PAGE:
Theory- I generally err neg on theory unless there is a really good debate over it. Your generic blocks aren't going to be very compelling. If you articulate why condo causes a double turn, etc. specific to the round is a better way to go with it. I think that arguments such as vague alternatives especially when an alternative morphs during the round are good. However, minor theory concerns such as multiple perms bad aren't as legitimate in my opinion.
Topicality- Generic T shells are not something that hold my attention, however, a specific definition or a T in tandem with another position to get a link, is strategic. If you are going to go for T, then go for it starting in the block and make it a legitimate option and I will evaluate it.
Other notes: If you are unclear, I can't flow you and I don't get the evidence as you read it, so clarity over speed is always preferable.
Don't be rude, your points will suffer. There is a difference between being aggressive and being a jerk.
Impact calc please, don't make me call for everyones impacts and force me to evaluate it myself. I don't want to do the work for you.
The last two rebuttals should be writing my ballot, tell me how I vote and why. Don't get too bogged down to give a big picture evaluation.
Accomplish something in your cross-x time, keep me interested, have an agenda during your cx and use the answers you get in cx and incorporate them into your speeches. Cx is wasted if you pick apart the DA but don't talk about it in your speech.
Director of Debate
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I view judging as a responsibility and one I take very seriously. I have decided to try and give you as much information about my tendencies to assist with MPJ and adaptation.
**Note on virtual debating: SLOW DOWN a little, no matter what people want to believe speed does not transition AS WELL virtually as it does for in-person debating. So you should go a little slower than you would in person if you consider yourself a pretty fast debater according to national circuit standards.**
1. Debate is a competitive game.
2. I will vote on Framework and T-Aff's should be topical. But, you can still beat framework with good offense or a good counter-interpretation. Water topic note--I think there are some important T debates to be sorted out on this topic.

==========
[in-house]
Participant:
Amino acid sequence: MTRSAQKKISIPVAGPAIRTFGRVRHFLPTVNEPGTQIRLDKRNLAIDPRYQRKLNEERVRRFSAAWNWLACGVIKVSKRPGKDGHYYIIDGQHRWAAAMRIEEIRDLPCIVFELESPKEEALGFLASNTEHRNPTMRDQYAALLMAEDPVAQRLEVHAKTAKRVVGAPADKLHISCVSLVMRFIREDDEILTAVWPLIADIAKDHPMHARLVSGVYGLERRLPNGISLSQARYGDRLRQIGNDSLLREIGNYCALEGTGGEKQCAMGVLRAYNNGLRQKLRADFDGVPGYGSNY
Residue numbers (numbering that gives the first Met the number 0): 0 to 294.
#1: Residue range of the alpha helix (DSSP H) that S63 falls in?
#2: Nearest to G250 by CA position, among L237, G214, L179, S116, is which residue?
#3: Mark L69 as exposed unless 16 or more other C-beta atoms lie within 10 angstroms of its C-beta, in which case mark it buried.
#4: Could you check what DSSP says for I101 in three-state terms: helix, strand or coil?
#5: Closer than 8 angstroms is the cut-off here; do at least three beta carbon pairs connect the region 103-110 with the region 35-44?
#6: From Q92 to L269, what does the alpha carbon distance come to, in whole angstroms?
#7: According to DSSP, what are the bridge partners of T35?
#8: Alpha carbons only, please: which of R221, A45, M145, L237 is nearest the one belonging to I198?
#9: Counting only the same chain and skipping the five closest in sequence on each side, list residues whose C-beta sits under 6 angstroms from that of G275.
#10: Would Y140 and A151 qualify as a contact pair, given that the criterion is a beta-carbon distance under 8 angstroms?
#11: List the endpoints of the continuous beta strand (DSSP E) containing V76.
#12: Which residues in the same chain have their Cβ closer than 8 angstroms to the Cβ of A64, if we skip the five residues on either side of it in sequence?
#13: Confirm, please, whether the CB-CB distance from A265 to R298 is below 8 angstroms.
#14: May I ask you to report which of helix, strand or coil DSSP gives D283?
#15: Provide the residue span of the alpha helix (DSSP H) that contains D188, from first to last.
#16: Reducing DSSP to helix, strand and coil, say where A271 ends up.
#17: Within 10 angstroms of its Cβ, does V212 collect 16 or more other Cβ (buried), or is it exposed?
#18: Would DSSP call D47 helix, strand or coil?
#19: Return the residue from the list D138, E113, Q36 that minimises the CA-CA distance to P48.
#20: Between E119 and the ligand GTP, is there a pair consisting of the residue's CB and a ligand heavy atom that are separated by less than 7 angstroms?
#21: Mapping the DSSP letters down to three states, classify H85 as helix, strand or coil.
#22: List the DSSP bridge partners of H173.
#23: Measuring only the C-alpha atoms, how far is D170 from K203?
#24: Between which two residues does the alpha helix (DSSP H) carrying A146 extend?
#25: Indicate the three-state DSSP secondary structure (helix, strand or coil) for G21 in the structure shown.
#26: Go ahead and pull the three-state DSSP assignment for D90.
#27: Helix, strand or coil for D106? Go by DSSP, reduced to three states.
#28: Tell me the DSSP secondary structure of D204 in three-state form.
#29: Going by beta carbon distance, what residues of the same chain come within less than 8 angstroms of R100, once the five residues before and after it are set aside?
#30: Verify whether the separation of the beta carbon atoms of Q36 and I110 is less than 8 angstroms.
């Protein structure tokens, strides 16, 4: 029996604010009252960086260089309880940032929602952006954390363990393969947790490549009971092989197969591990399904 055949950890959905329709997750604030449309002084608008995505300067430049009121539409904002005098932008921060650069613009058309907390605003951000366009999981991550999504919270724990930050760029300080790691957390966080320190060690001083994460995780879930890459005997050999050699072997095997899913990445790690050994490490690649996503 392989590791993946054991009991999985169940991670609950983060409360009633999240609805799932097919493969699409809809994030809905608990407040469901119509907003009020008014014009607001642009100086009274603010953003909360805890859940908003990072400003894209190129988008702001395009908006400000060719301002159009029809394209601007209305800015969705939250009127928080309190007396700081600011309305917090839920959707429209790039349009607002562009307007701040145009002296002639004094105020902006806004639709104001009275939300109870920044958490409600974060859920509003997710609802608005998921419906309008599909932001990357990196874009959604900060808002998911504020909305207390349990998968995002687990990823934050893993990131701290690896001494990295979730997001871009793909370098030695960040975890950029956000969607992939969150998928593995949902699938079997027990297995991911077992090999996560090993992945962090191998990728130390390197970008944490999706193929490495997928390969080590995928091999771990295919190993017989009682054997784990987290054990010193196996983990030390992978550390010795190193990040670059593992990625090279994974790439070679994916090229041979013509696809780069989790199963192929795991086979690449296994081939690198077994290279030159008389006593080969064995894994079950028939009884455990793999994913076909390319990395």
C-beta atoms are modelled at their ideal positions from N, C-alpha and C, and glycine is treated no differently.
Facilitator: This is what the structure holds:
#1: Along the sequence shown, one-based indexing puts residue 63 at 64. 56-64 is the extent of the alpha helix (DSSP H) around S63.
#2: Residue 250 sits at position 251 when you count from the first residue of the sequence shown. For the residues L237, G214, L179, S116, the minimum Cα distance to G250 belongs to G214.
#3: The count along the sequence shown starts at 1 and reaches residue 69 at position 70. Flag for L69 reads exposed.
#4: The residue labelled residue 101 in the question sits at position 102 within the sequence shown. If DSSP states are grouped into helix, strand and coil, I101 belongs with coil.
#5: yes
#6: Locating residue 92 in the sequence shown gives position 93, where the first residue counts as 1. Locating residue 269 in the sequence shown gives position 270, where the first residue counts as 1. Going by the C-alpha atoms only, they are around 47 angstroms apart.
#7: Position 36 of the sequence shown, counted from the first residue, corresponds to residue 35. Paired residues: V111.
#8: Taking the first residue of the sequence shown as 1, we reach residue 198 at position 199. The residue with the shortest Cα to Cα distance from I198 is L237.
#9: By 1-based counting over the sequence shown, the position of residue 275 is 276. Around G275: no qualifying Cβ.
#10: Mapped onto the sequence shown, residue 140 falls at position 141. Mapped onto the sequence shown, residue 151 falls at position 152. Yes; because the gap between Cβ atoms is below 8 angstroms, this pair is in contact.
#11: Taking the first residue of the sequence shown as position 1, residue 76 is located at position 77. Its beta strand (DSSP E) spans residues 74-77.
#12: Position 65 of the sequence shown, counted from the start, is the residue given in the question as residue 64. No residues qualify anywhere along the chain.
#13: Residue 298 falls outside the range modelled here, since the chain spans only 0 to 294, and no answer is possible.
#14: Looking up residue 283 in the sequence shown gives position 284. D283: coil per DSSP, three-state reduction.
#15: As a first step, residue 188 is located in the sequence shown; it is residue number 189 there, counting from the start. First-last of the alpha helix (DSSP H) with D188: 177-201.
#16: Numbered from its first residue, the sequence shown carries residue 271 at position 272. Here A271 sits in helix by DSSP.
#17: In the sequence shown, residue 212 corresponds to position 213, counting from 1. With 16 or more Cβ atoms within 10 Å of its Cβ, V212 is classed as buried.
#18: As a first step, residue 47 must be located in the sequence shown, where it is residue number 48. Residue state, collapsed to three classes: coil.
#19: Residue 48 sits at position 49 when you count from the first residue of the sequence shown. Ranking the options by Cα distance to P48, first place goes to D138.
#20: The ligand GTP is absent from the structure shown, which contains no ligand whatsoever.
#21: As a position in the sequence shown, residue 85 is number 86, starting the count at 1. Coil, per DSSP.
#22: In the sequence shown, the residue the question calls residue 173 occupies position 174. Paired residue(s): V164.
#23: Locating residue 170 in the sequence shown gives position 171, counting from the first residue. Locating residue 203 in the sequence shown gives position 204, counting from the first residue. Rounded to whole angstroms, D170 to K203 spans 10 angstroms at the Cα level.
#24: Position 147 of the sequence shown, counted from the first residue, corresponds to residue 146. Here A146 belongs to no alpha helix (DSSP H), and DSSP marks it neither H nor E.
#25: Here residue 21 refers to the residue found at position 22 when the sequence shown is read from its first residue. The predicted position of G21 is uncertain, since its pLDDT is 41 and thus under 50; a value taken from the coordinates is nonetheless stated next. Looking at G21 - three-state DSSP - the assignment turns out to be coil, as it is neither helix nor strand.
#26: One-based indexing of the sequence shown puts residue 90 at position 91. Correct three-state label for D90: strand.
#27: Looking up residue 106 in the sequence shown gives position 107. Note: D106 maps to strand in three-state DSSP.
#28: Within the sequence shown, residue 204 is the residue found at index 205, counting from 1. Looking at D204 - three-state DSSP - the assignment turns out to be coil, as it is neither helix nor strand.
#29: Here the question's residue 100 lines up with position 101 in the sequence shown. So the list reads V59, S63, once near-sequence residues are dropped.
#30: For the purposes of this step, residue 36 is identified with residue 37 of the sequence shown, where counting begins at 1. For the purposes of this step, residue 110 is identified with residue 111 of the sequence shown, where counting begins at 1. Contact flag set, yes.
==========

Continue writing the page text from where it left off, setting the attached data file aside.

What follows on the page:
.3. DA's and Aff advantages can have zero risk.
4. Neg conditionality is mostly good.
5. Counterplans and PICs --good (better to have a solvency advocate than not), process CPs it is very debatable--topic-specific justifications go a a long way.
6. K's that link to the Aff plan/advocacy/advantages/reps and have an alternative that is explained and solves are good.
7. I will not decide the round over something X team did in another round, at some other tournament, or a team's judge prefs.
8. Email Chain access please: firstname.lastname@example.org
9. The debate should be a fun and competitive activity, be kind to each other and try your best.
My Golden Rule: When you have the option to choose a more specific strategy vs a more generic strategy, always choose the more specific strategy.
Pro-tip: FLOW---don't stop flowing just because you have a speech doc.
"Clipping" in debate: Clipping in the debate is a serious issue and one of the things I will be doing to deter clipping in my rounds is requesting a copy of all speech docs before the debaters start speaking and while flowing I read along to check from time to time.
Affirmatives: I still at my heart of hearts prefer and Aff with a plan that's justifiably topical. But, I think it's not very hard for teams to win that if the Aff is germane to the topic that's good enough. I'm pretty sympathetic to the Neg if the Aff has very little to or nothing to do with the topic. If there is a topical version of the Aff I tend to think that takes away most of the Aff's offense in many of these T/FW debates vs no plan Affs--unless the Aff can explain why there is no topical version and they still need to speak about "X" on the Aff or why their offense on T still applies.
Disadvantages: I like them. I prefer specific link stories (or case-specific DA’s) to generic links, as I believe all judges do. But, if all you have is generic links go ahead and run them, I will evaluate them. The burden is on the Aff team to point out those weak link stories. I think Aff’s should have offense against DA’s it's just a smarter 2AC strategy, but if a DA clearly has zero link or zero chance of uniqueness you can win zero risk. I tend to think politics DA's are core negative ground--so it is hard for me to be convinced I should reject the politics DA because debating about it is bad for debate. My take: I often think the internal link chains of DA's are not challenged enough by the Aff, many Aff teams just spot the Neg the internal links---It's one of the worst effects of the prevalence of offense/defense paradigm judging over the past years...and it's normally one of the weaker parts of the DA.